Students receive agriculture tips
SHADE GAP – Rick Ruppert, brandishing a bag of cow feed, told a group of central Pennsylvania 4-H students that putting that feed together was much like baking a cake.
Ruppert, district sales manager for ADM Alliance Nutrition, said that each type of fodder requires different measures of proteins, grains and other ingredients, much like following a recipe.
He told the students, a cluster of about 25, that the people putting together animal feed examine the nutrition facts, like the students themselves might do at a restaurant.
“This is no different than looking at a Big Mac at McDonald’s,” Ruppert said.
Ruppert was one of five presenters during the first leg of this years’ A.B. Ross Leadership Program, hosted in Huntingdon County for about 120 4-H students from seven counties: Bedford, Blair, Cumberland, Franklin, Fulton, Huntingdon and Mifflin. The students ranged in age from seventh to 12th grades.
The program is sponsored by Sen. John H. Eichelberger Jr., R-Blair, who said it is key that kids get a closer look at the state’s biggest industry.
“We think it’s important to work with the youth to get them as well-prepared as we can,” Eichelberger said.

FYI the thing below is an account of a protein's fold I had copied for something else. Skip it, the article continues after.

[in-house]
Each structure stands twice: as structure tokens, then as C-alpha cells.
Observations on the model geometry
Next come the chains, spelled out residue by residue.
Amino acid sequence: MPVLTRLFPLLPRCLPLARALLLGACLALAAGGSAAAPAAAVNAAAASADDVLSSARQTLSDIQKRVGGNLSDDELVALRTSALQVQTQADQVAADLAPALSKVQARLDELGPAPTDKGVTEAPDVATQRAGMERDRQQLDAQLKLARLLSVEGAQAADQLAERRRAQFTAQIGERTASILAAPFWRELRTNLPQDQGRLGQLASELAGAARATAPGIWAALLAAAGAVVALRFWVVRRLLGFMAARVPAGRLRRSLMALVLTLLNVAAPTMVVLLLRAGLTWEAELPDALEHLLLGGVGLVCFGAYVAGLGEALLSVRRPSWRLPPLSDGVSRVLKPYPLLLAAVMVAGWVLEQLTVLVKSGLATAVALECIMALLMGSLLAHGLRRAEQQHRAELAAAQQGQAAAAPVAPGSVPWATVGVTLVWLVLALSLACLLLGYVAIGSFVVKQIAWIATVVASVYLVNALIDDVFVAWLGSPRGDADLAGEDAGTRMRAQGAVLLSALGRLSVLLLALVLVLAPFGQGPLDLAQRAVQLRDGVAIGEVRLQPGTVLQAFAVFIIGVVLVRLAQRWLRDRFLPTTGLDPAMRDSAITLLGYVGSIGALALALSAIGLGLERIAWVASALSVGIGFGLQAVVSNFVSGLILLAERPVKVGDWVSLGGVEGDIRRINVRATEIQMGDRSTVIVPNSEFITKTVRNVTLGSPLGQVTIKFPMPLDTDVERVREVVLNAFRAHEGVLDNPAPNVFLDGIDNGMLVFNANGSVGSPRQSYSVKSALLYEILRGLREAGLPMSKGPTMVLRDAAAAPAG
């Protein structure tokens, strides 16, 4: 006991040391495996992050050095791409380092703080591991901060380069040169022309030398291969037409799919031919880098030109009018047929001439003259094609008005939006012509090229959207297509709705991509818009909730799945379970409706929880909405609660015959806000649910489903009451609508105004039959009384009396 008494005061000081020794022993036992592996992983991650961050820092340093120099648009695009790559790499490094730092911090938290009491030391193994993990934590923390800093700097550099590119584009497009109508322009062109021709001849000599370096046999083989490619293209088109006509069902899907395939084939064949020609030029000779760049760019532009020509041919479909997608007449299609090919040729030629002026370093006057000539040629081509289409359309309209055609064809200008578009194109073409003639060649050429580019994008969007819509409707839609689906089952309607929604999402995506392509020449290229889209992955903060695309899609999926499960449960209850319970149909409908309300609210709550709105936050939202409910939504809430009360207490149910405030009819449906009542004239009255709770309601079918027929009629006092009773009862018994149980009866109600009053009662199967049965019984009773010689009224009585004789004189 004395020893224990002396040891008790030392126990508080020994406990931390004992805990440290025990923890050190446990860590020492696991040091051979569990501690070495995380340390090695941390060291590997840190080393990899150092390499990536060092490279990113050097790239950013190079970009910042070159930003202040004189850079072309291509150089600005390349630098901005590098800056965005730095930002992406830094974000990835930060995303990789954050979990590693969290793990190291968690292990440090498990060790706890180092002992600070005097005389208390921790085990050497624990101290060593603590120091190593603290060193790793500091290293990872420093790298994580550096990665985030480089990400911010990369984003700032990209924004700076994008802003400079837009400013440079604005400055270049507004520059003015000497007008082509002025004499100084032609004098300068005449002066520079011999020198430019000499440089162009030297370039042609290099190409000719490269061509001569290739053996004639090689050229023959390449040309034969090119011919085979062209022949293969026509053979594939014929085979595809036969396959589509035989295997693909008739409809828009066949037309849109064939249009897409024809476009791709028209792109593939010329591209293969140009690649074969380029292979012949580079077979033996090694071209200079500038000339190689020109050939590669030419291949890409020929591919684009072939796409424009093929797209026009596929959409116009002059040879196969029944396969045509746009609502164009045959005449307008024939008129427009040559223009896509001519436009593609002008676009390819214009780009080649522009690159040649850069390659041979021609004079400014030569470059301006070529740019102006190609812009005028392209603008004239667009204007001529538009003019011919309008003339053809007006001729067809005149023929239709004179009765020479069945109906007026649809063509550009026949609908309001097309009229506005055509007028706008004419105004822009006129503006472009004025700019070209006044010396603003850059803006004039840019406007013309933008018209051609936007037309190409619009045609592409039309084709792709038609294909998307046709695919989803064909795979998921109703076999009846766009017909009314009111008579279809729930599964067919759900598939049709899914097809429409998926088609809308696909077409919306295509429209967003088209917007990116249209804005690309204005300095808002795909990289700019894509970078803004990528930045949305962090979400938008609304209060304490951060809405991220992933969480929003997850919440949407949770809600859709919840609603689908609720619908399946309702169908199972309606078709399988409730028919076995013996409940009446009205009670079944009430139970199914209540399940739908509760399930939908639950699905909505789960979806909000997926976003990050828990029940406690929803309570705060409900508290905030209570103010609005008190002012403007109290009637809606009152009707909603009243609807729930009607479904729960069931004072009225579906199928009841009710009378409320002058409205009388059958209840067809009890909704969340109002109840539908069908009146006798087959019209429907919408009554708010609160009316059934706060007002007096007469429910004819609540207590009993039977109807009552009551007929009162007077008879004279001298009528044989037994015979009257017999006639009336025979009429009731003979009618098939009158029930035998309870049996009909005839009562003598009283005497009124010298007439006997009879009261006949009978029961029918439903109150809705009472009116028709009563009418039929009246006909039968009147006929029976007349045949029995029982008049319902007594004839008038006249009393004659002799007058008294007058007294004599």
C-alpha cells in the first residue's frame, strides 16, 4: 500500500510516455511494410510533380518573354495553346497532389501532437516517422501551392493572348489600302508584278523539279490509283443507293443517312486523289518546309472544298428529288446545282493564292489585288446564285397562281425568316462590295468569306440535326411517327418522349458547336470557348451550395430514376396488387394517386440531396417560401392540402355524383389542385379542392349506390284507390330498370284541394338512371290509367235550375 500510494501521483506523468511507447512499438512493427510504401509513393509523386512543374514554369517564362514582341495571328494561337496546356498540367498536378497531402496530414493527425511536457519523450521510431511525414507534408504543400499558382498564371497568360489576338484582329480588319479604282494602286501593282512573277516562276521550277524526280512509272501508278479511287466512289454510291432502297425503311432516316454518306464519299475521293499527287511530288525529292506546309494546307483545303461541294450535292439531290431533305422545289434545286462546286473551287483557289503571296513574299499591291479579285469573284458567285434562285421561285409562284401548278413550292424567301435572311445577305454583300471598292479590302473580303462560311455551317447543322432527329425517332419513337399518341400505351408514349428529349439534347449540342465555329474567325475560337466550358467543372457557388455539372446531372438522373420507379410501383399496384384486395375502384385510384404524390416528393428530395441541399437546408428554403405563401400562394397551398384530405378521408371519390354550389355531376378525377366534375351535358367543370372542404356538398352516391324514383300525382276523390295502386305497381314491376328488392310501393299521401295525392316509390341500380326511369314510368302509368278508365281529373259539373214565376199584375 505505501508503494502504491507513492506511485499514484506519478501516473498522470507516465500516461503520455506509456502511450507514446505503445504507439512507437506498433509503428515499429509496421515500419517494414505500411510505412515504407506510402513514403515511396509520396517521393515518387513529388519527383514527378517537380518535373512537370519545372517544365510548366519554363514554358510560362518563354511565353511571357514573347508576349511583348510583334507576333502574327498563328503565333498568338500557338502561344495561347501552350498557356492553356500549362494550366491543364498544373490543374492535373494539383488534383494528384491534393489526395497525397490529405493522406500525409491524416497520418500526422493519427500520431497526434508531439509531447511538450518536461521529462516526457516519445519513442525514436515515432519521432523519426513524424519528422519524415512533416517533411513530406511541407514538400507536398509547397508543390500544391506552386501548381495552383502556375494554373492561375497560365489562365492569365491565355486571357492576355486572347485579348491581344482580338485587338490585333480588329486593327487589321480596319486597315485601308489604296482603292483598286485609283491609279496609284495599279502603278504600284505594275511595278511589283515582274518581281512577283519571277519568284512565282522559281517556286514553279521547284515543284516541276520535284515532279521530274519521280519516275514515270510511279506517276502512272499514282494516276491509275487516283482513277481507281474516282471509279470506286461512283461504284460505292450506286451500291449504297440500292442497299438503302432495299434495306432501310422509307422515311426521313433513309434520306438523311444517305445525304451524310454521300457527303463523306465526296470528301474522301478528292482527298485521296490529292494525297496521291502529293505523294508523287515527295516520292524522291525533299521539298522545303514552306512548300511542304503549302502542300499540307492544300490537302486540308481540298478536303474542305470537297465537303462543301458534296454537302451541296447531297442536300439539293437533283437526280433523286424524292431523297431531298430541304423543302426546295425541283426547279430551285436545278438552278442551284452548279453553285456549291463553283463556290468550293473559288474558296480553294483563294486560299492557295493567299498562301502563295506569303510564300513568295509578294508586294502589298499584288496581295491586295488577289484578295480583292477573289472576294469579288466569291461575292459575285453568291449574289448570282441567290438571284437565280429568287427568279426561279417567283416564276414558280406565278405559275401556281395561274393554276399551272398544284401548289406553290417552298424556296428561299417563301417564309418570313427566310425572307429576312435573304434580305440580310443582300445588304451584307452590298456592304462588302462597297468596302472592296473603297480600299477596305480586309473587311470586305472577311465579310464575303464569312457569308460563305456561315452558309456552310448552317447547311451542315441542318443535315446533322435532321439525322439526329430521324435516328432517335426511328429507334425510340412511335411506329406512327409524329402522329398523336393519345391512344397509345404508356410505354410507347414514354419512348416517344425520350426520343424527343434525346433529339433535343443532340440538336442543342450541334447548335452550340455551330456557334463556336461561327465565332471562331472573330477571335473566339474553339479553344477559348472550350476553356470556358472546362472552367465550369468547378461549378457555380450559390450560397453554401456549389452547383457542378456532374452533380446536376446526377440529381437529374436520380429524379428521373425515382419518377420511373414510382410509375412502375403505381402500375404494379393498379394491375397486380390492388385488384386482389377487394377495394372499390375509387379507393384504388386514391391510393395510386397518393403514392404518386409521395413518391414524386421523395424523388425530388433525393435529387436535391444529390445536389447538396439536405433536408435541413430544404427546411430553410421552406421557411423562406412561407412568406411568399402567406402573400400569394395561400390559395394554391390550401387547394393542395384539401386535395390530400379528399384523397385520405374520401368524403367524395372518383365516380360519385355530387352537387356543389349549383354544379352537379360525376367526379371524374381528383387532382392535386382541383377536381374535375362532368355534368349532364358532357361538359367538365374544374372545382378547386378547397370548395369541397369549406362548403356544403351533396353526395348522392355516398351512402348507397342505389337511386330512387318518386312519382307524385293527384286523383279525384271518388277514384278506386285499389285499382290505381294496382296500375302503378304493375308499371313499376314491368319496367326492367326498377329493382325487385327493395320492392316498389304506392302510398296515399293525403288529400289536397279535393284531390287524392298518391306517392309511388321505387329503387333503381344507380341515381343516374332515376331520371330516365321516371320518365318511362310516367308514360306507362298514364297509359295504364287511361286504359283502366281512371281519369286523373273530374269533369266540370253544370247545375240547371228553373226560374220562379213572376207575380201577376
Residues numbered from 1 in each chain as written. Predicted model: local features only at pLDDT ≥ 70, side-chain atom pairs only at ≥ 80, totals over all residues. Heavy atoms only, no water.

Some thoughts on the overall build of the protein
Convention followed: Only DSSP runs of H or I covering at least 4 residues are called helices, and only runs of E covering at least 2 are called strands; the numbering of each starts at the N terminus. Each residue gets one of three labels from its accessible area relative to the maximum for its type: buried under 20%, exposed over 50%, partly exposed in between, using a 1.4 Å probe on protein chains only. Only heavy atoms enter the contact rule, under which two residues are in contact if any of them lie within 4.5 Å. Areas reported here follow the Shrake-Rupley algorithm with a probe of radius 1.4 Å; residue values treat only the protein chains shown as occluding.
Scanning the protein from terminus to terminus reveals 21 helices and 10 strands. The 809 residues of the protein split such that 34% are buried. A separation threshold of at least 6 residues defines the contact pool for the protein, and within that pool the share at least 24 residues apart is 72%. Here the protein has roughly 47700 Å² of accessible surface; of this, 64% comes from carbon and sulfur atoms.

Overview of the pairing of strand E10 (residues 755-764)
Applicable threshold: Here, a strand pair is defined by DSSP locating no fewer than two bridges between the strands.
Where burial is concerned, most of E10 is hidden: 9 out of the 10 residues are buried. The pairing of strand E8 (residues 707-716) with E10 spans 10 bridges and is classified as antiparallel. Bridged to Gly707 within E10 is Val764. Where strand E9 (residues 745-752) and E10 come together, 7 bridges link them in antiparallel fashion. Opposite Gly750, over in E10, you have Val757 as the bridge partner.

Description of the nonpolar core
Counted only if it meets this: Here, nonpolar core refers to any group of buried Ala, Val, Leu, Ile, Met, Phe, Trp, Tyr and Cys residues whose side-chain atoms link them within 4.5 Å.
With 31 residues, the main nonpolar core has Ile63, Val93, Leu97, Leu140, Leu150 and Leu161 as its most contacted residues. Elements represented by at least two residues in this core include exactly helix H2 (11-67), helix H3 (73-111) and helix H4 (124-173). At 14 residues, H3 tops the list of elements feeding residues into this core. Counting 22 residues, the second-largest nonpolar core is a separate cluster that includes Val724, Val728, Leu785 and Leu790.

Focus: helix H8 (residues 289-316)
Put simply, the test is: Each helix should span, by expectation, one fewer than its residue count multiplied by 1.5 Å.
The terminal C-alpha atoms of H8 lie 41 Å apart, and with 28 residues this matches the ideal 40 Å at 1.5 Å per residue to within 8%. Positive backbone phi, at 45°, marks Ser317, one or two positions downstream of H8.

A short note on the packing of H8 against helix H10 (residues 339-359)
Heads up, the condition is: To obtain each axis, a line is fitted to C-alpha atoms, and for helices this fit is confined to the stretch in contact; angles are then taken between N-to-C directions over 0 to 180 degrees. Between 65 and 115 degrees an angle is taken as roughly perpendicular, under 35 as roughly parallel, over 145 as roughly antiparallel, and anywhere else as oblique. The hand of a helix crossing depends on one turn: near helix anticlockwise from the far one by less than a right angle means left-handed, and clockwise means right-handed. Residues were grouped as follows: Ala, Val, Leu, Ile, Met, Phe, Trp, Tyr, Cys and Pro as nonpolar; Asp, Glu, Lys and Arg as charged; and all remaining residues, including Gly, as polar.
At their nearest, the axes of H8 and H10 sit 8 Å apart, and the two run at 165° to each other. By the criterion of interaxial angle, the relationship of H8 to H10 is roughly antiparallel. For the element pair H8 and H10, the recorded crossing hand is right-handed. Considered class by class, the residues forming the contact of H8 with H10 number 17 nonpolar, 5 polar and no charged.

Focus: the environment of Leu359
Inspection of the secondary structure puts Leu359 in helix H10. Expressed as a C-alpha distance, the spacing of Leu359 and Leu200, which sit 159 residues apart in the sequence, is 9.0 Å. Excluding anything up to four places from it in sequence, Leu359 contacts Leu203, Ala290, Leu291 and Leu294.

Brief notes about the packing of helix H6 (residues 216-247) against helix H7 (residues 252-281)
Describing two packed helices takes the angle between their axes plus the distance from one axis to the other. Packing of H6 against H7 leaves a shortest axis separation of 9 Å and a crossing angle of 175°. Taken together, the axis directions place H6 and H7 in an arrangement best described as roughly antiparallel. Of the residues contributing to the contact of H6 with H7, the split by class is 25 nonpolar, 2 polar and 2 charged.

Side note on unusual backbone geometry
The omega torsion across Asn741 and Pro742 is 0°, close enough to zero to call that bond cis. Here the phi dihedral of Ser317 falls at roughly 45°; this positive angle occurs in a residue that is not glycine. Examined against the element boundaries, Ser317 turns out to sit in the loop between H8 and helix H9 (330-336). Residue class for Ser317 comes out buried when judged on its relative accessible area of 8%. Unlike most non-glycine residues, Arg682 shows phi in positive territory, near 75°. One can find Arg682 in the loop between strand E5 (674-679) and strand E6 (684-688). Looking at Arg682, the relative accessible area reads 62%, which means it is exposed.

In its third year, the program’s attendance has swelled, Eichelberger said, from about 40 students last year as word spreads.
The daylong program took the kids to Shade Gap Farm Supply for much of the morning, where they learned about animal nutrition, the inspection of animal feed and were able to sample some of the types offered at the mill for themselves.
The activity, which was developed by the Penn State Cooperative Extension, will allow the students to take the different types of feed back to their respective 4-H programs to help develop better nutrition for the animals they work with.
The Penn State Cooperative Extension coordinates many of the speakers and events, Eichelberger said. He said it is extremely beneficial to the students to realize that they have a major resource of agricultural expertise right in their back yards at Penn State.
After lunch, the students were taken to the Hawbaker Family Dairy, also in Shade Gap, where they learned more about animal welfare. Stations included a look at milk quality control and an examination of equine health, to help ensure horses are adequately nourished.
Later in the afternoon, the students engaged in a debate on a model Senate farm bill and then wrapped up the day with a Q&A with Eichelberger.
Eichelberger said that the 4-H students who work on family farms will likely take something new back to their parents’ businesses. He said that one girl who attended in a previous year helped her father set up new water gutters on their barns to help conserve water.
Many farmers working, he said, may not have access to or interest in new farming techniques, making the students the bridge.
This exemplifies the ideas of A.B. Ross, after whom the program is named, he said. And, Eichelberger said, there’s always more learning to be done for the adults in attendance, too.
“I always learn something at these, too,” he said.
Mirror Staff Writer Paige Minemyer is at 946-7535.